I am running my HTTPServer in a separate thread (using the threading module which has no way to stop threads...) and want to stop serving requests when the main thread also shuts down.

The Python documentation states that BaseHTTPServer.HTTPServer is a subclass of SocketServer.TCPServer, which supports a shutdown method, but it is missing in HTTPServer.

The whole BaseHTTPServer module has very little documentation :(

12 Answers 12


Another way to do it, based on http://docs.python.org/2/library/basehttpserver.html#more-examples, is: instead of serve_forever(), keep serving as long as a condition is met, with the server checking the condition before and after each request. For example:

import CGIHTTPServer
import BaseHTTPServer


def keep_running():
    return KEEP_RUNNING

class Handler(CGIHTTPServer.CGIHTTPRequestHandler):
    cgi_directories = ["/cgi-bin"]

httpd = BaseHTTPServer.HTTPServer(("", 8000), Handler)

while keep_running():
  • 2
    After seeing all other hacks here and there, this is a rare answer who relies on the officially documented behavior only, therefore it is considered cannonical. Up-voted!
    – RayLuo
    Jan 30, 2017 at 6:22
  • 1
    I used this code and added some site updating code to keep_running() and found out that it only executes when getting a request. +1 Works perfect. This is the true answer.
    – Walter
    May 25, 2018 at 10:36

I should start by saying that "I probably wouldn't do this myself, but I have in the past". The serve_forever (from SocketServer.py) method looks like this:

def serve_forever(self):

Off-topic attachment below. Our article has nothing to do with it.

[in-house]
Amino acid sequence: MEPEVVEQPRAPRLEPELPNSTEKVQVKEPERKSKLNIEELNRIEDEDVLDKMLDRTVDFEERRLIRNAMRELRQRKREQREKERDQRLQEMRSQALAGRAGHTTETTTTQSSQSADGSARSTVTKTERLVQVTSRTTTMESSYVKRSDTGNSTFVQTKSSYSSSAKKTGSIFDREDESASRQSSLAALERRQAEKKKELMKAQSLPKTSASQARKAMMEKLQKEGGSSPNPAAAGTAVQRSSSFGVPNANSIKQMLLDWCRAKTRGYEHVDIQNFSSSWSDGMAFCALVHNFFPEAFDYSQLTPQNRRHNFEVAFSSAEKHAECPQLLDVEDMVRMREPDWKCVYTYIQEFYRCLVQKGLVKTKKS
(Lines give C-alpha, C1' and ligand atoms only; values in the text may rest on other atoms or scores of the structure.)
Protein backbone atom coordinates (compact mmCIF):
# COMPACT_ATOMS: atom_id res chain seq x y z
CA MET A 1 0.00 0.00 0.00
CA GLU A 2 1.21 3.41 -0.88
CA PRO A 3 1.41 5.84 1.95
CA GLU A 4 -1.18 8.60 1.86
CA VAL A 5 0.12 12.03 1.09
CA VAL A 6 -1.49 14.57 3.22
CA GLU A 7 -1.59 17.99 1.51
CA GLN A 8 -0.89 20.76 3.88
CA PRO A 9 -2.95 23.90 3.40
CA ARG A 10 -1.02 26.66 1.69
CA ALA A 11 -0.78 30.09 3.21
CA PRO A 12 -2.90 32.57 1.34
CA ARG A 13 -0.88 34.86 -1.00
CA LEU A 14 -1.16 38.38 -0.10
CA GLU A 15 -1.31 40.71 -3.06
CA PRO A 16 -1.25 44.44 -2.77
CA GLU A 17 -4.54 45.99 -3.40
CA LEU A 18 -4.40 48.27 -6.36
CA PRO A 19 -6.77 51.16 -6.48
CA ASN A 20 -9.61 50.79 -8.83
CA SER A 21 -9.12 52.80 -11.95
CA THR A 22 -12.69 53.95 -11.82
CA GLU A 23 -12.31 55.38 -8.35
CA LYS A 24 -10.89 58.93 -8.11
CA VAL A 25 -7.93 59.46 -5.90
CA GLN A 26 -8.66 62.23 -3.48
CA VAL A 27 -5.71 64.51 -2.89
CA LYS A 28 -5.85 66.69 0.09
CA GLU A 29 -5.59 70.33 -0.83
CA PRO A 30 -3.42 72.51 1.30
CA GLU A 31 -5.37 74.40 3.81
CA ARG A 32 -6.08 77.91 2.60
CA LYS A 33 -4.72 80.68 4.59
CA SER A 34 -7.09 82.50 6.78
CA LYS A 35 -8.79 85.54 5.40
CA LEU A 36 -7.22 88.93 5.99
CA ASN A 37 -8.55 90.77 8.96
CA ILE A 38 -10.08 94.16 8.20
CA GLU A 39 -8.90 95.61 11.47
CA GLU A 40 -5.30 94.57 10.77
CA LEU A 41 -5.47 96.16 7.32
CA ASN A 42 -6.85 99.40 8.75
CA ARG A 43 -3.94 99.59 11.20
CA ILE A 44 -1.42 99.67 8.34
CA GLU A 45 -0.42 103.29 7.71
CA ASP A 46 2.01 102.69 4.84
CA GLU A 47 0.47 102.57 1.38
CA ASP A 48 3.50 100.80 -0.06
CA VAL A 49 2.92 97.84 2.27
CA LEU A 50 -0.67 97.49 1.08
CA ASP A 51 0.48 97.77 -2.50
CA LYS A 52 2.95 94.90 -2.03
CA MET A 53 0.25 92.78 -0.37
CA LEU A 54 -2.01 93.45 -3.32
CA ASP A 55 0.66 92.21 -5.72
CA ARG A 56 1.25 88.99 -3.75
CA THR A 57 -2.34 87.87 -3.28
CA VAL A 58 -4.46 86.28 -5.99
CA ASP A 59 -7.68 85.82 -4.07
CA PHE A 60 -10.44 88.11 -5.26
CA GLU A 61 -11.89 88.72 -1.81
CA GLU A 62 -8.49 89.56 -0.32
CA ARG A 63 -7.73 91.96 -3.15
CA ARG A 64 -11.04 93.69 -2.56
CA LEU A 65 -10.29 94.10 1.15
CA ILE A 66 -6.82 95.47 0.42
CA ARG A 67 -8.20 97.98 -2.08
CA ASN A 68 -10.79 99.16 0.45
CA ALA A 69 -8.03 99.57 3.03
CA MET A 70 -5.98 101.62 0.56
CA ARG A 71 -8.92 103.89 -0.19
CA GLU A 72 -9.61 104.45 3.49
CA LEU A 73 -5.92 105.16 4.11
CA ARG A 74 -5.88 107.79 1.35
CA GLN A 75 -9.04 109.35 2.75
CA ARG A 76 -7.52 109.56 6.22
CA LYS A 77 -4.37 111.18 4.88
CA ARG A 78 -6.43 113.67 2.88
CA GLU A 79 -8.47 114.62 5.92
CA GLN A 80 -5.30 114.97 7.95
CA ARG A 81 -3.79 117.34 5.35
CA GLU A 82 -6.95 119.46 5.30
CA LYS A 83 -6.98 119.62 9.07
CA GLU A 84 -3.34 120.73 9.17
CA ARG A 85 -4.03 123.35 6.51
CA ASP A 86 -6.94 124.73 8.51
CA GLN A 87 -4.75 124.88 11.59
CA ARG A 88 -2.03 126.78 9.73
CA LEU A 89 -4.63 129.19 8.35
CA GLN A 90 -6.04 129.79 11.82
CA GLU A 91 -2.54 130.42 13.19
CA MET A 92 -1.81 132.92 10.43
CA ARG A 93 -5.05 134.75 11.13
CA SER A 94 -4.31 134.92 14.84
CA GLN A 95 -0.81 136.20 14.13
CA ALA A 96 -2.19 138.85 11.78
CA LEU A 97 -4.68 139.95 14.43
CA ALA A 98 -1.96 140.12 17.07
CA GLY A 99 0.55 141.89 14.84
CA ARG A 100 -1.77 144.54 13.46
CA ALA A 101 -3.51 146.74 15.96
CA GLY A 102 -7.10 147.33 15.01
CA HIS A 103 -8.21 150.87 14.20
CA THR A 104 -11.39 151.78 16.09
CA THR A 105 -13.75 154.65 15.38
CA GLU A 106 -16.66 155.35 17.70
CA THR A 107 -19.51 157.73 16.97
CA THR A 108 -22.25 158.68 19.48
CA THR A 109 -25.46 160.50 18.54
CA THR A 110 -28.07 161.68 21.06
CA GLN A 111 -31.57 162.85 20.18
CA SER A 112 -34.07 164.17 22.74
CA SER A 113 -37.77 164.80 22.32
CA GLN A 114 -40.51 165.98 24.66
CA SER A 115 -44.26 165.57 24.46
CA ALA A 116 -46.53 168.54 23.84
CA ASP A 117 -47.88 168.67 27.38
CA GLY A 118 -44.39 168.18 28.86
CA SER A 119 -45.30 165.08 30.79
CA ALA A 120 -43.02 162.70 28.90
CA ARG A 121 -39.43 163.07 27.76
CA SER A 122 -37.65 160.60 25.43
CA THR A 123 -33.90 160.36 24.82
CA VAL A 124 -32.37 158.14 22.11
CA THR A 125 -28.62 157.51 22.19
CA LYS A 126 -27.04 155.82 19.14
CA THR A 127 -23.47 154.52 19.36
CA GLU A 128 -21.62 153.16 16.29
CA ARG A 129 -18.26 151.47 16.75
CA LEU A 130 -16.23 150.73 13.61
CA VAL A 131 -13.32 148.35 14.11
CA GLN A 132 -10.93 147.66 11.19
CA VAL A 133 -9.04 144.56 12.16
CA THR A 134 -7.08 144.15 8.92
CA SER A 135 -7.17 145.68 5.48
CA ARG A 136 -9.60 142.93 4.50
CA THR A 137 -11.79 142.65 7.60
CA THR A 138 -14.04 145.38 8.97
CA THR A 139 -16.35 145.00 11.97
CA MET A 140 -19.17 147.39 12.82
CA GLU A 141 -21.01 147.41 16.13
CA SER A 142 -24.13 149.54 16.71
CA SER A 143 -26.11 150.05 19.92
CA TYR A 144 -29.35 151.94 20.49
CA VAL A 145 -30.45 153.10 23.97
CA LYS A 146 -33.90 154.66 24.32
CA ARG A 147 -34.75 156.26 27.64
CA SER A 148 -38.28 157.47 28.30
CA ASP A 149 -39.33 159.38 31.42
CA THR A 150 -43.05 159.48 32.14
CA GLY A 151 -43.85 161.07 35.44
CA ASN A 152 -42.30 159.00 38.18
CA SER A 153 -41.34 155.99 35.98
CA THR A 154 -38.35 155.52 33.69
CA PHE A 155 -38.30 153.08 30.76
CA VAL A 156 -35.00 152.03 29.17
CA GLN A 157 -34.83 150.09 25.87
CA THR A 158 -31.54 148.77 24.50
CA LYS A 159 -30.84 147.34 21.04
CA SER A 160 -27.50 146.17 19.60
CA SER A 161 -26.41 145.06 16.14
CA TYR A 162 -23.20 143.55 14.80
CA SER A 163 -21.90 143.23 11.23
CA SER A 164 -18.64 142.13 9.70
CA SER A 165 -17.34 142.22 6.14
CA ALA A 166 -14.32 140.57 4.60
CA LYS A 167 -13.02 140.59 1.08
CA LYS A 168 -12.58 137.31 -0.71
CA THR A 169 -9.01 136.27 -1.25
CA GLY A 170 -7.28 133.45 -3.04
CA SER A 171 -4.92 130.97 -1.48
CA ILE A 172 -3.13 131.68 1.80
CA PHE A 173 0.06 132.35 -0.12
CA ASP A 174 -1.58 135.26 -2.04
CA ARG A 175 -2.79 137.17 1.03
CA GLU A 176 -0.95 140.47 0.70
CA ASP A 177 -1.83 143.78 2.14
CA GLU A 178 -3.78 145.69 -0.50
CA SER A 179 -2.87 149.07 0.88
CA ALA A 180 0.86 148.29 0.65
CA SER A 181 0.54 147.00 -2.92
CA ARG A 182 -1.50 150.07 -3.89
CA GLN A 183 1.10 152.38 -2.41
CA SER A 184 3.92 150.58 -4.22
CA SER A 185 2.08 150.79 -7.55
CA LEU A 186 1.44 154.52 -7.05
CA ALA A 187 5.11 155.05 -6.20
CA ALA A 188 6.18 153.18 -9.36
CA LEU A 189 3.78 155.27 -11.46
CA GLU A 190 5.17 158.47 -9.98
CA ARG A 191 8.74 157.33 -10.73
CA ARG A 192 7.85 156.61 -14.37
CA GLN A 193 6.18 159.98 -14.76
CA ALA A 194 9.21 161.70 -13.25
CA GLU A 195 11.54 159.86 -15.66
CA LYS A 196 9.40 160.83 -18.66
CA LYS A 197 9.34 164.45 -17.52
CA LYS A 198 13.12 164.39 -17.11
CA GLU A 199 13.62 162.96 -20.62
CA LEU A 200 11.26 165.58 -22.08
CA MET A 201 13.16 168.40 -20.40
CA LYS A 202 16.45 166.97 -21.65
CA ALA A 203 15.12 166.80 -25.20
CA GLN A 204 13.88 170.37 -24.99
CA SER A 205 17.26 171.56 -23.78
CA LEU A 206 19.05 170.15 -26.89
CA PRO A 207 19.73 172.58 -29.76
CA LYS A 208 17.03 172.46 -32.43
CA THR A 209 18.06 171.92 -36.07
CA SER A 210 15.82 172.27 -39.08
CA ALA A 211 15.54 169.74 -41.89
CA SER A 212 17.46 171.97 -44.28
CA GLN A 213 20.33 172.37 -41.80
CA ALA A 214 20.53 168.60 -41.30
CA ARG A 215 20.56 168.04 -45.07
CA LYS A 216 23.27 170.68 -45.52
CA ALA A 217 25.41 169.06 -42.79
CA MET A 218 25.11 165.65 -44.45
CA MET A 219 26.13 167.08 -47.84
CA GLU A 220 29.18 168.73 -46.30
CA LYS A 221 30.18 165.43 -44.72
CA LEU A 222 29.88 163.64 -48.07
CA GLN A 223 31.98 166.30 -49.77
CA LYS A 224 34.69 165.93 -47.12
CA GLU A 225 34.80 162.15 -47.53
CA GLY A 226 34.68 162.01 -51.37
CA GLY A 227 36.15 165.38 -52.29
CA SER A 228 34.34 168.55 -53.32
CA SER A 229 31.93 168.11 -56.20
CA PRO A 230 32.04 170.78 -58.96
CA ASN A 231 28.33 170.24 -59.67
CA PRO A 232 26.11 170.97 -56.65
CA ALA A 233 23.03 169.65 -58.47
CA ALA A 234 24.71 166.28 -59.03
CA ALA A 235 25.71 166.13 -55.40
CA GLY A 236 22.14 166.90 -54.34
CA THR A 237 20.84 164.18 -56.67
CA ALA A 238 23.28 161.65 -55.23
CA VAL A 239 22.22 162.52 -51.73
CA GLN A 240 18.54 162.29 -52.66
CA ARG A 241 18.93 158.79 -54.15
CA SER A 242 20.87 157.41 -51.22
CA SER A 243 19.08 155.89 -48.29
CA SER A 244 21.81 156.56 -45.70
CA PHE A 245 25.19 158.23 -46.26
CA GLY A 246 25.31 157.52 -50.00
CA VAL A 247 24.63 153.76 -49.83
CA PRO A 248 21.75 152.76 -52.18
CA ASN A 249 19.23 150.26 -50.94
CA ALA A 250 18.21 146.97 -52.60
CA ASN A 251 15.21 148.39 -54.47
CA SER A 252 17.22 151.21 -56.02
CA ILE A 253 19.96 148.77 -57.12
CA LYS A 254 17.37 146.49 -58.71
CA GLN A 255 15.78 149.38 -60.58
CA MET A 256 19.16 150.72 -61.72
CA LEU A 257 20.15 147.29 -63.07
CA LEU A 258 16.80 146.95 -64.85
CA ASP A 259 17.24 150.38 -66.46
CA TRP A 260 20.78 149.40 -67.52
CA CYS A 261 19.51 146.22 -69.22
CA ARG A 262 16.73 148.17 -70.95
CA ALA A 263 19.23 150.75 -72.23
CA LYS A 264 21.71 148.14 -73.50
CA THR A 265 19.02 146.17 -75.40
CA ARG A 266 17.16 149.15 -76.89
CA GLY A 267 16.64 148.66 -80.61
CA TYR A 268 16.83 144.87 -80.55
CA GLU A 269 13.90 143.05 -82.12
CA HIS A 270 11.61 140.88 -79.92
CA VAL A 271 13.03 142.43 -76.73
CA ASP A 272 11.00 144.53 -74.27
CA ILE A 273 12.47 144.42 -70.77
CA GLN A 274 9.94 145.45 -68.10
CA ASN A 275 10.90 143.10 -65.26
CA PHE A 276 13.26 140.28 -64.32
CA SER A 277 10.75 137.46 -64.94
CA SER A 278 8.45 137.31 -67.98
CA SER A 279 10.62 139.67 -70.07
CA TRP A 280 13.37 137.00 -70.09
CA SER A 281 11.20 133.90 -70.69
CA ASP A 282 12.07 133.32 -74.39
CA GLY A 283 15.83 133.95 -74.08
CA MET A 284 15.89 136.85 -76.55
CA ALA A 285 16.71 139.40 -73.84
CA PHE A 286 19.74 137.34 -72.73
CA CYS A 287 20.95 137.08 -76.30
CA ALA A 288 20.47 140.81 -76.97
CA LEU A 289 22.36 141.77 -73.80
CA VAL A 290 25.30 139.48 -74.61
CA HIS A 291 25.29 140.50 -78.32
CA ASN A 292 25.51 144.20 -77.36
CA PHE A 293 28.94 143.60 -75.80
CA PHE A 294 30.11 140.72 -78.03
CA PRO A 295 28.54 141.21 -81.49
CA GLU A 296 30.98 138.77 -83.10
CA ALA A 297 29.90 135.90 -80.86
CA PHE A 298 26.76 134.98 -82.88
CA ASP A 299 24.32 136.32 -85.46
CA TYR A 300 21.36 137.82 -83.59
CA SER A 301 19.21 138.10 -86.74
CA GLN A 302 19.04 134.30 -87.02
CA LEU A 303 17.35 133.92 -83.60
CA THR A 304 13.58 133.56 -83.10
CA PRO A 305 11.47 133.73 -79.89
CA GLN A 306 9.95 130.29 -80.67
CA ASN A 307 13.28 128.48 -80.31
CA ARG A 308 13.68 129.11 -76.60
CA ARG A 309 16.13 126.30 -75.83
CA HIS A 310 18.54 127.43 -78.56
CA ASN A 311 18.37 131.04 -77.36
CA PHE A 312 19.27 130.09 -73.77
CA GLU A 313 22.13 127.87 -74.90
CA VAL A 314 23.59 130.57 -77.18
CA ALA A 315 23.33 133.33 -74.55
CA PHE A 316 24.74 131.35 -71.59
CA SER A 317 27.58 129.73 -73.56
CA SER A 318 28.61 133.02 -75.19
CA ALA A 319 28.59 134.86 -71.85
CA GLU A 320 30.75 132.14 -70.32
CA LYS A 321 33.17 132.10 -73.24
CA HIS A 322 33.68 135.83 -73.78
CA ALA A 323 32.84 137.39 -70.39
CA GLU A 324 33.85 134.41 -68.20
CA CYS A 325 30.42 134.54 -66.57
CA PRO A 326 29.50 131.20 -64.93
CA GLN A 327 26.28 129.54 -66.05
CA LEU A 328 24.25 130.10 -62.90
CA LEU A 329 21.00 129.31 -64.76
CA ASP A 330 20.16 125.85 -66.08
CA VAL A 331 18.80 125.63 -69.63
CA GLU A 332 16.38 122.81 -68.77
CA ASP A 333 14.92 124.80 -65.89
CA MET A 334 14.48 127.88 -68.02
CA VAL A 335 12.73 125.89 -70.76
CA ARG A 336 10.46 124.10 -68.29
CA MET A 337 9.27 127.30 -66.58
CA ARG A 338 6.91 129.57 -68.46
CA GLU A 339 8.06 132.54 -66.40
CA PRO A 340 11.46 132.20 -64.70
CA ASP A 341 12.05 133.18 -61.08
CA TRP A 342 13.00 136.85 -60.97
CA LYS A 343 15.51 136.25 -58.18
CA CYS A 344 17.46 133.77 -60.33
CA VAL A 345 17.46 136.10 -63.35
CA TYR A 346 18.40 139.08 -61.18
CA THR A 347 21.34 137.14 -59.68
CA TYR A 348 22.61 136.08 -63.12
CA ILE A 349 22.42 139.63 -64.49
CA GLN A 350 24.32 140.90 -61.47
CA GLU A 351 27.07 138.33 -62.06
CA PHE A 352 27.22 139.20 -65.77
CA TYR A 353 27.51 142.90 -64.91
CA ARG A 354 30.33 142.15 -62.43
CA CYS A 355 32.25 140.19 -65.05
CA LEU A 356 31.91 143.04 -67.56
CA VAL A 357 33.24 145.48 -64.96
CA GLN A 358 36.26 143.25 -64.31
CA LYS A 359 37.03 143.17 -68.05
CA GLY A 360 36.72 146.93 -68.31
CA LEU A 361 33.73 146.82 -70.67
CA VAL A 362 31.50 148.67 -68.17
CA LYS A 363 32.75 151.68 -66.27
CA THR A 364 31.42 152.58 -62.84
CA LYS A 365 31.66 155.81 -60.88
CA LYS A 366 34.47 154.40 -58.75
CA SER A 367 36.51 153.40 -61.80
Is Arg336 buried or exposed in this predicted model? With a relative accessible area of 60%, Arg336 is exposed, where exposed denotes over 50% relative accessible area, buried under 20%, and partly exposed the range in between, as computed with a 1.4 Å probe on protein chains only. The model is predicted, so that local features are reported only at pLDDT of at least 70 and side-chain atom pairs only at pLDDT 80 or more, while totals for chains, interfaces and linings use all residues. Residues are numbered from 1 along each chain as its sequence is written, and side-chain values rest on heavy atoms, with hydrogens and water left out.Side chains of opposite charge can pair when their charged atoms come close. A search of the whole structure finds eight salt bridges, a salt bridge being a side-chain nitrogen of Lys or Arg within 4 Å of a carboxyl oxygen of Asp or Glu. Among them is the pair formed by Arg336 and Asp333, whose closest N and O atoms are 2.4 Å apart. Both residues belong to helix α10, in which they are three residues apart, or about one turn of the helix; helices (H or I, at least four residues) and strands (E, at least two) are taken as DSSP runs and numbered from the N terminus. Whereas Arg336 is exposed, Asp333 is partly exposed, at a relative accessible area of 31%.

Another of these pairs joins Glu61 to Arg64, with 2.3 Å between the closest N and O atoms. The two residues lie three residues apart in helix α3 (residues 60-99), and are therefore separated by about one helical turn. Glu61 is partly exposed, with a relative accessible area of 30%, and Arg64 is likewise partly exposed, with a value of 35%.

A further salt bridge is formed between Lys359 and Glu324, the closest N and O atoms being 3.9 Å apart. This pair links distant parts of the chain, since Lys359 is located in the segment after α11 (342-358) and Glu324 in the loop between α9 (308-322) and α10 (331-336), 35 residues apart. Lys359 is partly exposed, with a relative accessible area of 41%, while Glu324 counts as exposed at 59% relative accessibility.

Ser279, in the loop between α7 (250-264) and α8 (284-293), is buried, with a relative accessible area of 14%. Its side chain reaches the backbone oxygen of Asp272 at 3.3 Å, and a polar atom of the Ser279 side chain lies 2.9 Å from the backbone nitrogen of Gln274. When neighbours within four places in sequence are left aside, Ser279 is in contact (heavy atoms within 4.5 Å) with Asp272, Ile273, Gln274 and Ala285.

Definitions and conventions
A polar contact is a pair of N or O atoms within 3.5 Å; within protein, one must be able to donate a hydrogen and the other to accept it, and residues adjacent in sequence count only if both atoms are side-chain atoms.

"""Handle one request at a time until doomsday."""
    while 1:

You could replace (in subclass) while 1 with while self.should_be_running, and modify that value from a different thread. Something like:

def stop_serving_forever(self):
    """Stop handling requests"""
    self.should_be_running = 0
    # Make a fake request to the server, to really force it to stop.
    # Otherwise it will just stop on the next request.
    # (Exercise for the reader.)

Edit: I dug up the actual code I used at the time:

class StoppableRPCServer(SimpleXMLRPCServer.SimpleXMLRPCServer):

    stopped = False
    allow_reuse_address = True

    def __init__(self, *args, **kw):
        SimpleXMLRPCServer.SimpleXMLRPCServer.__init__(self, *args, **kw)
        self.register_function(lambda: 'OK', 'ping')

    def serve_forever(self):
        while not self.stopped:

    def force_stop(self):
        self.stopped = True

    def create_dummy_request(self):
        server = xmlrpclib.Server('http://%s:%s' % self.server_address)